MEXICO: Nine U.S. citizens were killed in a deadly highway attack in northern Mexico on Monday. Drug cartel gunmen ambushed three SUVs, killing three women and six children—including 8-month-old twins. Eight children were found alive hiding behind bushes. Five of those children had wounds that required treatment and went back to the U.S. to receive medical care.

Mexican Security Secretary Alfonso Durazo said the gunmen may have mistaken the SUVs for those of rival gangs during the attack, which occurred at around 3 p.m. ET. The victims, who were members of a Mormon community, were visiting relatives in a remote part of Mexico, where the Sinaloa cartel has been engaged in a turf war. The FBI offered to assist Mexican authorities. U.S. President Donald Trump tweeted, “wage WAR on the drug cartels and wipe them off the face of the earth.” Local Mexican officials have not confirmed a drug cartel was behind the attack.



VENEZUELA: The United States placed sanctions on another five Venezuelan officials yesterday. The U.S. Treasury Department stated that the individuals have either been responsible for the use of violence against protesters or profited from President Nicolás Maduro’s “corrupt” regime. Those sanctioned include an admiral of the Venezuelan Navy, an officer in the National Guard, the secretary general of the National Defense Council, a politician of the National Constituent Assembly and a senior official in the National Intelligence Service.

COLOMBIA: Colombia’s congress accused the director of the National Center for Historical Memory of censoring of victims and denying the existence of the internal armed conflict yesterday. Darío Acevedo criticized the center for being left-leaning and apologetic to marxist guerrillas before he was appointed the director by Colombian President Iván Duque. The entity, which is responsible for documenting Colombia’s armed conflict, has seen a reduction in personnel and delays in the publication of reports on paramilitary violence during Acevedo’s tenure.

BOLIVIA: Supporters of President Evo Morales prevented a leading opposition politician from entering La Paz yesterday, hoping to stop him from demanding the president’s resignation. Luis Fernando Camacho, traveled to the capital with the intention of asking Morales to resign after winning a fourth presidential term last month. Morales won the first round of the vote Oct. 20 by just over 10 points — enough to avoid a runoff. Opposition politicians have said that Morales committed fraud to avoid a united opposition in a second round and that he violated a constitutional ban on another term. Morales told his supporters that he is a victim of a coup.


TRINIDAD AND TOBAGO: A patient in Tobago was hospitalized over the weekend with what is believed to be the H1N1 virus, or Swine Flu. Health Secretary Agatha Carrington said she would need to wait for results from the patient’s lab results to confirm the case. Tension has been building between government officials, who said the virus is not widespread and easily treatable in the country, and opposition leaders, who claimed that there are at least 20 cases of H1H1 on the islands and that two people have died from flu-related complications.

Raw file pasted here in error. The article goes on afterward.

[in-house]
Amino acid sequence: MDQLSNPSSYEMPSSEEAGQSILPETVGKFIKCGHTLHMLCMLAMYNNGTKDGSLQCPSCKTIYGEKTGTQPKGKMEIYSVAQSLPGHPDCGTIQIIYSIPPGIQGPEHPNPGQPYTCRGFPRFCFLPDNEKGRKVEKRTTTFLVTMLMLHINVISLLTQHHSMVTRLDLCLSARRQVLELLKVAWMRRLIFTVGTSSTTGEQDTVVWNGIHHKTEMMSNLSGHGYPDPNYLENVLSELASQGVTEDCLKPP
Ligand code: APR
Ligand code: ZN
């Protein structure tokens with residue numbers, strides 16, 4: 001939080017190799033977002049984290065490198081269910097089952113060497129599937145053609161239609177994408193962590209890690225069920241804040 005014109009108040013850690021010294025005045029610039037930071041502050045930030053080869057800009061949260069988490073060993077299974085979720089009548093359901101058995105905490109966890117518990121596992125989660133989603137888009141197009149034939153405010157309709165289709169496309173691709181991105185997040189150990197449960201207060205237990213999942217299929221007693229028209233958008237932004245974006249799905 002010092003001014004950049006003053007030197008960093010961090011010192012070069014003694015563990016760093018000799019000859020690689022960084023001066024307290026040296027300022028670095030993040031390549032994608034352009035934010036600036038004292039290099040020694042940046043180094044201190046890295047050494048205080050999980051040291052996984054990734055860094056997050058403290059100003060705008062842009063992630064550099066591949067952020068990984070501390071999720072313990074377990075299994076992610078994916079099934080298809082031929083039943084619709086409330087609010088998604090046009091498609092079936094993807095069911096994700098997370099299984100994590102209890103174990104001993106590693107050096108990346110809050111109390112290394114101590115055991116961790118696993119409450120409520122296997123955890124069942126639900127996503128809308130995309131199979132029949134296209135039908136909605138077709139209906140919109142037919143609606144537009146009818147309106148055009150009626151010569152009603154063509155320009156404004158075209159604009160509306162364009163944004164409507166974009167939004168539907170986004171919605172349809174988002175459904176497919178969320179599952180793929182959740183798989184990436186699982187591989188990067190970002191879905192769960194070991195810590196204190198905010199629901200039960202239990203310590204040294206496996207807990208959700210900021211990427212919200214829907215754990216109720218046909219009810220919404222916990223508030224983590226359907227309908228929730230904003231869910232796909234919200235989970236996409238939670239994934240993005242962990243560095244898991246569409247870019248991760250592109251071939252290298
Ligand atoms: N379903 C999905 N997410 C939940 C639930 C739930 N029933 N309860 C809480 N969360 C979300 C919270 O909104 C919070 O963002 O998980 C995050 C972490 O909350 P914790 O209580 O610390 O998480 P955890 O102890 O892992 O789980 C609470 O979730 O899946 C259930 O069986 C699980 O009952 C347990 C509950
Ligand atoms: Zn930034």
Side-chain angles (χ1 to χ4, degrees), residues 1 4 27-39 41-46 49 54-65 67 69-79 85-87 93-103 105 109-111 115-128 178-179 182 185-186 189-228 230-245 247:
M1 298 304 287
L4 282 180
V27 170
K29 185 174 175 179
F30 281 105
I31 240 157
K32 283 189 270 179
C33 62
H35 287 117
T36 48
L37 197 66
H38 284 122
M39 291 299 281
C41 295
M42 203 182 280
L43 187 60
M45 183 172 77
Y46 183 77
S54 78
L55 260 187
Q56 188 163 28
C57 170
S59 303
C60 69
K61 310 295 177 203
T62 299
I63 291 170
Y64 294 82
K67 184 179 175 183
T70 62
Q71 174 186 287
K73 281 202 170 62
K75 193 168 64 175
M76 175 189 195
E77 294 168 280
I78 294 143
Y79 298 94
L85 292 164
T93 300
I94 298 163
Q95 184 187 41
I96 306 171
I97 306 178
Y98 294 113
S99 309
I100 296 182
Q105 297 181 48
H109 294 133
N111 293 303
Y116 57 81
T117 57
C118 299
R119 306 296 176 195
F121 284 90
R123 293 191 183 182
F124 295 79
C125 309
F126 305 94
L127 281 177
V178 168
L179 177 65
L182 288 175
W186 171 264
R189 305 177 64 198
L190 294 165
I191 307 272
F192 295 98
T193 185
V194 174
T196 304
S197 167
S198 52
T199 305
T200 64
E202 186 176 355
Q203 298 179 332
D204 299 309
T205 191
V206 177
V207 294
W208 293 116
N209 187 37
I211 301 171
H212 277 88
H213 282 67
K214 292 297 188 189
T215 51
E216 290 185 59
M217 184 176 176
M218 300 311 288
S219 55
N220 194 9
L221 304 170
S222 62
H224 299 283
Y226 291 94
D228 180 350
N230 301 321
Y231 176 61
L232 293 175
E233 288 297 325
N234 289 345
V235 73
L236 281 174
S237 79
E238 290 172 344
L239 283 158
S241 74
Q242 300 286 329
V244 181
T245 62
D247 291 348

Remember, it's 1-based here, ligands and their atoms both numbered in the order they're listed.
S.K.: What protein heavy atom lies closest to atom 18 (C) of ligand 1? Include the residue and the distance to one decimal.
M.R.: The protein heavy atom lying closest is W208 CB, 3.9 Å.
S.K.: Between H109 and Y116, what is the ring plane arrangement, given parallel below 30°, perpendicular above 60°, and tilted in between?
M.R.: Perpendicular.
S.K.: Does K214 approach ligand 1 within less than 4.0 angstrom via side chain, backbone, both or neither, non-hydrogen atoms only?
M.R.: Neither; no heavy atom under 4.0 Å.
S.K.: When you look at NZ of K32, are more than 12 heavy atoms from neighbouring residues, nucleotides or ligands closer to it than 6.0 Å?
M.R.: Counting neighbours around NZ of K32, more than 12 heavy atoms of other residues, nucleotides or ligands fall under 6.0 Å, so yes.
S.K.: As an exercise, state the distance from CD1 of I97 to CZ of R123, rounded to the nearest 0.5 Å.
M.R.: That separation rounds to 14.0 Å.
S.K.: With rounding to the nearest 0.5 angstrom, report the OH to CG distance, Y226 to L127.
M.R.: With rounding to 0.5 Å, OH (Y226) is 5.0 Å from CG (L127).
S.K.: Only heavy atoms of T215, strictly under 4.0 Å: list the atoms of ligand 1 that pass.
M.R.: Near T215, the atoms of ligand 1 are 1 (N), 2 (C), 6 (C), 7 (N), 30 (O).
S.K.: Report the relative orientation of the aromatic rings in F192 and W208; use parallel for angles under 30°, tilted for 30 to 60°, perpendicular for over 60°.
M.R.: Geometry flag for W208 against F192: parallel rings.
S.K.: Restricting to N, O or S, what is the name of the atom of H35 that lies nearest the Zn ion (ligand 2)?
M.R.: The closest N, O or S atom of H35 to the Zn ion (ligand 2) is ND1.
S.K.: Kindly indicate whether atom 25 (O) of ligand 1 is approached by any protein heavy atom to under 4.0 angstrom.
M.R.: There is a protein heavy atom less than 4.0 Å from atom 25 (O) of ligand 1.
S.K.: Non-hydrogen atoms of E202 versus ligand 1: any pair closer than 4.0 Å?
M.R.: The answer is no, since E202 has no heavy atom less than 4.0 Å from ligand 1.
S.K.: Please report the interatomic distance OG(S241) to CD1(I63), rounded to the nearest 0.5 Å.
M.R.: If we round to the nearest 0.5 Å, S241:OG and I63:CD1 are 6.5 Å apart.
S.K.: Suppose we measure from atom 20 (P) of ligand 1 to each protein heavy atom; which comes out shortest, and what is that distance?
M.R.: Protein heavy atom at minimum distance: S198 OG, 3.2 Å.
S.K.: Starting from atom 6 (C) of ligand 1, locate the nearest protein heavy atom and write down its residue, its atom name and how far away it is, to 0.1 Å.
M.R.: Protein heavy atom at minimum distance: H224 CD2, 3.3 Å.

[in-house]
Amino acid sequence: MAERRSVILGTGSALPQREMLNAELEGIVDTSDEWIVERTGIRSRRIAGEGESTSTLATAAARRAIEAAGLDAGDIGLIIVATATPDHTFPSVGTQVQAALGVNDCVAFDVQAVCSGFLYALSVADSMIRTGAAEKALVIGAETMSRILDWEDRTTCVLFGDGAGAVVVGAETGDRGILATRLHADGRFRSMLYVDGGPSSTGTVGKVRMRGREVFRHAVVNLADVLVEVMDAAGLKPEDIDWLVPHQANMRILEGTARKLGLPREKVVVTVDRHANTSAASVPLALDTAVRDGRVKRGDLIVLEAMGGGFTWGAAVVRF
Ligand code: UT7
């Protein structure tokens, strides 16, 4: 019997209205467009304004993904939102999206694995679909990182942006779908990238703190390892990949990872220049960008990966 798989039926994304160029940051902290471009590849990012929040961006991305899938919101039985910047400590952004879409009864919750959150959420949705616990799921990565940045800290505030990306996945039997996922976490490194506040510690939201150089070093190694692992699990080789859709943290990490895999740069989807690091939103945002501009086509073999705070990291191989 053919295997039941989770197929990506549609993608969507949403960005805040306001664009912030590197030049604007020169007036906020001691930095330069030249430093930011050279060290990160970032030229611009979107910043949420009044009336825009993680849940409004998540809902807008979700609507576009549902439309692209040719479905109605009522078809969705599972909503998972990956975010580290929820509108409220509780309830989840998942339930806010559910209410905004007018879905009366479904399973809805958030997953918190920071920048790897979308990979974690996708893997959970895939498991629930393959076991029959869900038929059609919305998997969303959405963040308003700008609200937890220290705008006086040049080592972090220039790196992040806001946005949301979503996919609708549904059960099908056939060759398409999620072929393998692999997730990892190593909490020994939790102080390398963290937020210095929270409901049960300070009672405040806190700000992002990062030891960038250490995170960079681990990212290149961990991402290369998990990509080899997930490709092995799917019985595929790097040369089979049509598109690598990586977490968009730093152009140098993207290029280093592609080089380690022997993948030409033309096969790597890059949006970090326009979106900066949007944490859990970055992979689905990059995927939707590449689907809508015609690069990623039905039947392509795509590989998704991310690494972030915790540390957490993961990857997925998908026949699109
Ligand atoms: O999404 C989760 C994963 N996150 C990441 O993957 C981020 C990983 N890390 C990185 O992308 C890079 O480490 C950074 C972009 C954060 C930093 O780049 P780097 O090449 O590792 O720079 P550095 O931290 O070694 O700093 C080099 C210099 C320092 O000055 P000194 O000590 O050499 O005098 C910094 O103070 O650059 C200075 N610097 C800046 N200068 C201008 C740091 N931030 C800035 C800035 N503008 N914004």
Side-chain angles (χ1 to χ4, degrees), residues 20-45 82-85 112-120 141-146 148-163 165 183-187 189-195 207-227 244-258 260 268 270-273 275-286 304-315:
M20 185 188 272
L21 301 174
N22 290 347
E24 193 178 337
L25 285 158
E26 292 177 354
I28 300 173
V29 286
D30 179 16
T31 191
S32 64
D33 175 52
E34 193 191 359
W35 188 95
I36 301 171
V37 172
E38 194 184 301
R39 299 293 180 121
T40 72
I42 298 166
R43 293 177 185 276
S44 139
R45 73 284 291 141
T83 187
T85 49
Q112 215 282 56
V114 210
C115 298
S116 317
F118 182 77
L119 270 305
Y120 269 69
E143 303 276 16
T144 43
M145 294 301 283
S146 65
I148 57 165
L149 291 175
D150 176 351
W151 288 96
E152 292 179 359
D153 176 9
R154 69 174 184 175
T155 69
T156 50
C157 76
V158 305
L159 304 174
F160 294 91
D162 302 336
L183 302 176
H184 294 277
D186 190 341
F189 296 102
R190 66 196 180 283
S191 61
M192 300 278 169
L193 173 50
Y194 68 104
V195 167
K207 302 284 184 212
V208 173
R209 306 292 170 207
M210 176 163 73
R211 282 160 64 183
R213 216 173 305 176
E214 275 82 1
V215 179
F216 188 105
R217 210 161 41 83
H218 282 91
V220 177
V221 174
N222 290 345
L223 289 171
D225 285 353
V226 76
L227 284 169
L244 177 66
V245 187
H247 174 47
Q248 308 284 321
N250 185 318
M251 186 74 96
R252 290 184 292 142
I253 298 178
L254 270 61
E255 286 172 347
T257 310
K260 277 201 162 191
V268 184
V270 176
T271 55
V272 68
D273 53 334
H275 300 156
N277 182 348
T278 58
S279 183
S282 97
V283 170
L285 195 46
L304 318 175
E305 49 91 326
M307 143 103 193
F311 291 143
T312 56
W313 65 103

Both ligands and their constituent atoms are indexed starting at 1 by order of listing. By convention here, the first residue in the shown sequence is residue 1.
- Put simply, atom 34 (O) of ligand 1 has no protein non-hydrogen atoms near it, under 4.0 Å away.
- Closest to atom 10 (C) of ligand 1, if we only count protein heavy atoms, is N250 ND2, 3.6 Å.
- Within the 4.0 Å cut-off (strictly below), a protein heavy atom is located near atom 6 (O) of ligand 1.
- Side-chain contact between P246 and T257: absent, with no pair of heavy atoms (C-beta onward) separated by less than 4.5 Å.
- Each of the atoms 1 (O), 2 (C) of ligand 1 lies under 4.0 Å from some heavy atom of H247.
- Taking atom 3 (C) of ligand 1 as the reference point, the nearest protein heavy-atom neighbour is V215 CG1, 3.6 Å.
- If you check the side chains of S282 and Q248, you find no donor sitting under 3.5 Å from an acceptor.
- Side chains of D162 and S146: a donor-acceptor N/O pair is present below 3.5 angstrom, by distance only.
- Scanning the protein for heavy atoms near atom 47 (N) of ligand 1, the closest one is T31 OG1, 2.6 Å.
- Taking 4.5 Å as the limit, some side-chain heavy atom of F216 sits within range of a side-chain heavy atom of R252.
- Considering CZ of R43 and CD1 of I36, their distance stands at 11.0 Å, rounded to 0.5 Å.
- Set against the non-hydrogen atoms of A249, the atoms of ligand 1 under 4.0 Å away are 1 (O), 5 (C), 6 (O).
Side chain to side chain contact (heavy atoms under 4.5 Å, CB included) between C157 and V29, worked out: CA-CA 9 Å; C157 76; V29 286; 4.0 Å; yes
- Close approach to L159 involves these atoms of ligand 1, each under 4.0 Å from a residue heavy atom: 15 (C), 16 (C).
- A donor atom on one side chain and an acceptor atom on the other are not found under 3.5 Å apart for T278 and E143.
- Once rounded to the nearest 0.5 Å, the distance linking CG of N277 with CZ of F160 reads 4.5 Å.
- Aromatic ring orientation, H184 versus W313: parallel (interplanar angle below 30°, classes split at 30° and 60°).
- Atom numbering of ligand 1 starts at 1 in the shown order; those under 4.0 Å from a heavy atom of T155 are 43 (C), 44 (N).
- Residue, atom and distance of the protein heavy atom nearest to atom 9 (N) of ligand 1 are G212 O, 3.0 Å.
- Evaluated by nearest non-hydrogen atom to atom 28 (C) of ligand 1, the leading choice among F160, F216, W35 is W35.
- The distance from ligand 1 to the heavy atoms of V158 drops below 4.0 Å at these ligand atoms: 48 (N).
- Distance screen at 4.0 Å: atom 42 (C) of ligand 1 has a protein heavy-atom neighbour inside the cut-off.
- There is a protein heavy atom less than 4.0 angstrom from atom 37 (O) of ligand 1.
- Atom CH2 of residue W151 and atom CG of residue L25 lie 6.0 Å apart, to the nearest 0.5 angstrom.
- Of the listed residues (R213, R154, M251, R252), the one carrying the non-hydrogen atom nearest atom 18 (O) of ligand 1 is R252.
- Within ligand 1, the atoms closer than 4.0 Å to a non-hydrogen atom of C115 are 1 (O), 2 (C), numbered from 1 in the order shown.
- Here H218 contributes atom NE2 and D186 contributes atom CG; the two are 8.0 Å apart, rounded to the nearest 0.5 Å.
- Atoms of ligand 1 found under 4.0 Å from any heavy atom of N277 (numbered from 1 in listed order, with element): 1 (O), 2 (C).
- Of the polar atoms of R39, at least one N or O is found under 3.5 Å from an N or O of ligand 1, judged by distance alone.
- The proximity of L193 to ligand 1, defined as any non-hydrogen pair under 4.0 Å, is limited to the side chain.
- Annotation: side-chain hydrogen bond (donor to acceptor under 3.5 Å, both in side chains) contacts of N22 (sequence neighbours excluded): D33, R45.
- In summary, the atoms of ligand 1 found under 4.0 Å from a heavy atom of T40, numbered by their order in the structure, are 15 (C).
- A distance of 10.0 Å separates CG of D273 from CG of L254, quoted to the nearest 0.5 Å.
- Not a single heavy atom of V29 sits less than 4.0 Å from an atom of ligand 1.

GUATEMALA: Alejandro Giammattei, Guatemala’s president-elect, said Monday that he will cut all ties with Venezuelan President Nicolás Maduro’s government when he takes office in January. Giammattei is center-right and plans to support Venezuelan opposition leader Juan Guaidó as the country’s legitimate leader.


MEXICO: President Andrés Manuel López Obrador’s “hugs not bullets” policy has come under fire amid recent cartel violence. The arrest of the son of Joaquin “El Chapo” Guzmán resulted in at least eight cartel-related shooting deaths, challenging AMLO’s newly touted strategy of alleviating poverty and banning corruption. Security experts say the problem is that AMLO’s strategy does not address Mexico’s “criminal underworld.”

UNITED STATES: Cubans were once privileged migrants, but U.S. President Donald Trump’s immigration crackdown has led to a dramatic reversal in treatment. Cubans have been treated as “A-list immigrants” since the Cold War, according to the Washington Post. In the past fiscal year, U.S. authorities have deported more than 1,000 Cubans, and Cuban asylum seekers must now wait in line for hearings, like their Central American peers. Worried about being rejected by the United States, some Cubans are trying to stay in Mexico.

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